“Lowering a franchisee’s operating costs, in fees and royalties, is just one small way to lessen the financial pressures they may experience from time to time. And a more profitable franchisee is better able to properly reward their biggest assets – their team.”

Battery World’s commitment to franchisee wealth along with the flow-on effect to protecting vulnerable workers has not gone unnoticed by the Australian Retailers Association.

ARA Executive Director Russell Zimmerman said the changing retail landscape, including the imminent arrival of Amazon and other disruptors, heightened the need for retailers to stay focused on customers’ changing needs and wants like never before.

“Increasingly this means being available when and where the time-poor modern customer calls,” Zimmerman said. “A 100- store retailer like Battery World getting serious about taking their products and services to the streets 24-7 is a great example of being where the modern customer wants them to be. It’s also admirable to see this franchisor has formalised a strategy to lessen the overall cost pressures for their retailers.”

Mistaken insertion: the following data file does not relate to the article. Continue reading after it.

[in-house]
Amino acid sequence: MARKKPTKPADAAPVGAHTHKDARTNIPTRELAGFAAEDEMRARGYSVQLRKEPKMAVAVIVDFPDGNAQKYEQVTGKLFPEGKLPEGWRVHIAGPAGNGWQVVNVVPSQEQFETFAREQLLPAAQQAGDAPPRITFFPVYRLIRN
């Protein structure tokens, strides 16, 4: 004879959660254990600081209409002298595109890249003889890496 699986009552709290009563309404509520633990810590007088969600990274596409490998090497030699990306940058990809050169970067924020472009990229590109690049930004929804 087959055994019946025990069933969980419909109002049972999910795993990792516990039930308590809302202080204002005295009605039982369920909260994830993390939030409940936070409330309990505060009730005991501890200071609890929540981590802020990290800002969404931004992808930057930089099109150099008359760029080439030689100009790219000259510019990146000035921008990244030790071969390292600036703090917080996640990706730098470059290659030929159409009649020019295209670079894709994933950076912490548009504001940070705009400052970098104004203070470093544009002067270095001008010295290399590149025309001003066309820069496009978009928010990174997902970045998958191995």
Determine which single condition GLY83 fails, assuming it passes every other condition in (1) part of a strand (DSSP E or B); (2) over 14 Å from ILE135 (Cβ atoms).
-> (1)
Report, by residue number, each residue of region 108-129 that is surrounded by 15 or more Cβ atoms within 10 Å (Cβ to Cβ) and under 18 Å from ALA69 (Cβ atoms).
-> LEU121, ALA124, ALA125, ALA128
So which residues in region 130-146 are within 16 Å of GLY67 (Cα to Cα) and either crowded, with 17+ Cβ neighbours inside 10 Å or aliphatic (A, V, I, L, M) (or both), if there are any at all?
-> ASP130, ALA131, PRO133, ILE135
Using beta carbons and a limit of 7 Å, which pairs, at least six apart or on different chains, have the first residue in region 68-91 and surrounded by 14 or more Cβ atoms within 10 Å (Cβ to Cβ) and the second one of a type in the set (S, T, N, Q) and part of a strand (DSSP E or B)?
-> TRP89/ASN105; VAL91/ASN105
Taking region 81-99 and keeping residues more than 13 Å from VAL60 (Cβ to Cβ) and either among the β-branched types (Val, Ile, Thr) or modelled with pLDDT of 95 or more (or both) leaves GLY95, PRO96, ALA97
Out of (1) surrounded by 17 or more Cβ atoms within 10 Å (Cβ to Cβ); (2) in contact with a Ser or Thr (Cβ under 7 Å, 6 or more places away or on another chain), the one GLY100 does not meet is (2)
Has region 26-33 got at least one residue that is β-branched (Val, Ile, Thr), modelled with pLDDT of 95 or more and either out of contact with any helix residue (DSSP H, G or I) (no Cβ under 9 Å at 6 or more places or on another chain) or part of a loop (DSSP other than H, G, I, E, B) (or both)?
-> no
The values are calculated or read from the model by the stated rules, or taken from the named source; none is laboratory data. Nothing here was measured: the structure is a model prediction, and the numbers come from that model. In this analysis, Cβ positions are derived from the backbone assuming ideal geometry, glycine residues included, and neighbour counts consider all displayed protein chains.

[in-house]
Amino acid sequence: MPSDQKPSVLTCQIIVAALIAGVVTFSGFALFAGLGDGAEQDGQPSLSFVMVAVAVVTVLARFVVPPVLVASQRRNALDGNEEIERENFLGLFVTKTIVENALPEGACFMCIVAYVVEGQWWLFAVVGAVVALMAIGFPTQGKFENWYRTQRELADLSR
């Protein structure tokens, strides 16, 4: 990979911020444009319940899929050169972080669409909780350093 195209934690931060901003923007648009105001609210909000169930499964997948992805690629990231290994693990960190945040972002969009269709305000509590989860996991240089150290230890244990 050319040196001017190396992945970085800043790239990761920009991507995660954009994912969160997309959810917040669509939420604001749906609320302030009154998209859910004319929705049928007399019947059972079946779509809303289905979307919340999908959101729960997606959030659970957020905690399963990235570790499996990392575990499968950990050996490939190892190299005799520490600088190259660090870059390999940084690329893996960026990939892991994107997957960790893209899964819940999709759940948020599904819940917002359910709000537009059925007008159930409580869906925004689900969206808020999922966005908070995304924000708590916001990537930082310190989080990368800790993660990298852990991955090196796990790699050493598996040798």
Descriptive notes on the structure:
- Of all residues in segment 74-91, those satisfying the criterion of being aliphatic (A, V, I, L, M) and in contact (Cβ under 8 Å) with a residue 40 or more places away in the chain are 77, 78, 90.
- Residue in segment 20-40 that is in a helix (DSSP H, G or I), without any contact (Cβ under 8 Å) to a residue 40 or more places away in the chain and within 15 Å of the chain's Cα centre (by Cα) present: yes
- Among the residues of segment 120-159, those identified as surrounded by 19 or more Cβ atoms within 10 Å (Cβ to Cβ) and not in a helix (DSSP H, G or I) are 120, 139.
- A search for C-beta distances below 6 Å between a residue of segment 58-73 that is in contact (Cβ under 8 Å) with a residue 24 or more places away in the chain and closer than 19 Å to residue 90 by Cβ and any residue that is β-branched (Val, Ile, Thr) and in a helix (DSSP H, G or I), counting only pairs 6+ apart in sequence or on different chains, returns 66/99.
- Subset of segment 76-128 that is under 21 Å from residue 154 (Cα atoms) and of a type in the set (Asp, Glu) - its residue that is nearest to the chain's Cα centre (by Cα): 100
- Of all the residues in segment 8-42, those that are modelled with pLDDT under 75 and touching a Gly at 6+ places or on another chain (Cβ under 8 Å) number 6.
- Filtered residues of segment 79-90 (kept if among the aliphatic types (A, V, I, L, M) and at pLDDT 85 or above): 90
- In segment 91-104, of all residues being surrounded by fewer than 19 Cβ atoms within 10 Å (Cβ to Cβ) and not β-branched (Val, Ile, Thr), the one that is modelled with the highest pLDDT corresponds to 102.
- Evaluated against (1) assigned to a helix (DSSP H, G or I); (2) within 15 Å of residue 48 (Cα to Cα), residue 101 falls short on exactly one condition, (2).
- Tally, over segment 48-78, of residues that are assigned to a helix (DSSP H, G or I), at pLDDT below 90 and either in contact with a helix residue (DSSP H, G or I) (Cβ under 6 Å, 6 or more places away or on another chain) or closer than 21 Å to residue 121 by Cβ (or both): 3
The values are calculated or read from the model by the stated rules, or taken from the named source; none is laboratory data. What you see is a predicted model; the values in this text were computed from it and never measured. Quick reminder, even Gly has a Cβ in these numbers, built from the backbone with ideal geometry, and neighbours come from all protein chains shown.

Rowan Hodge is the General Manager of the 102 store Battery World franchise network. He is a council member of the Australian Retailers Association; cochair of the Industry Working Group for battery recycling for the Queensland Government; and a member of the Australian Battery Recycling Initiative (ABRI). He has undergraduate degrees in Accounting and Law.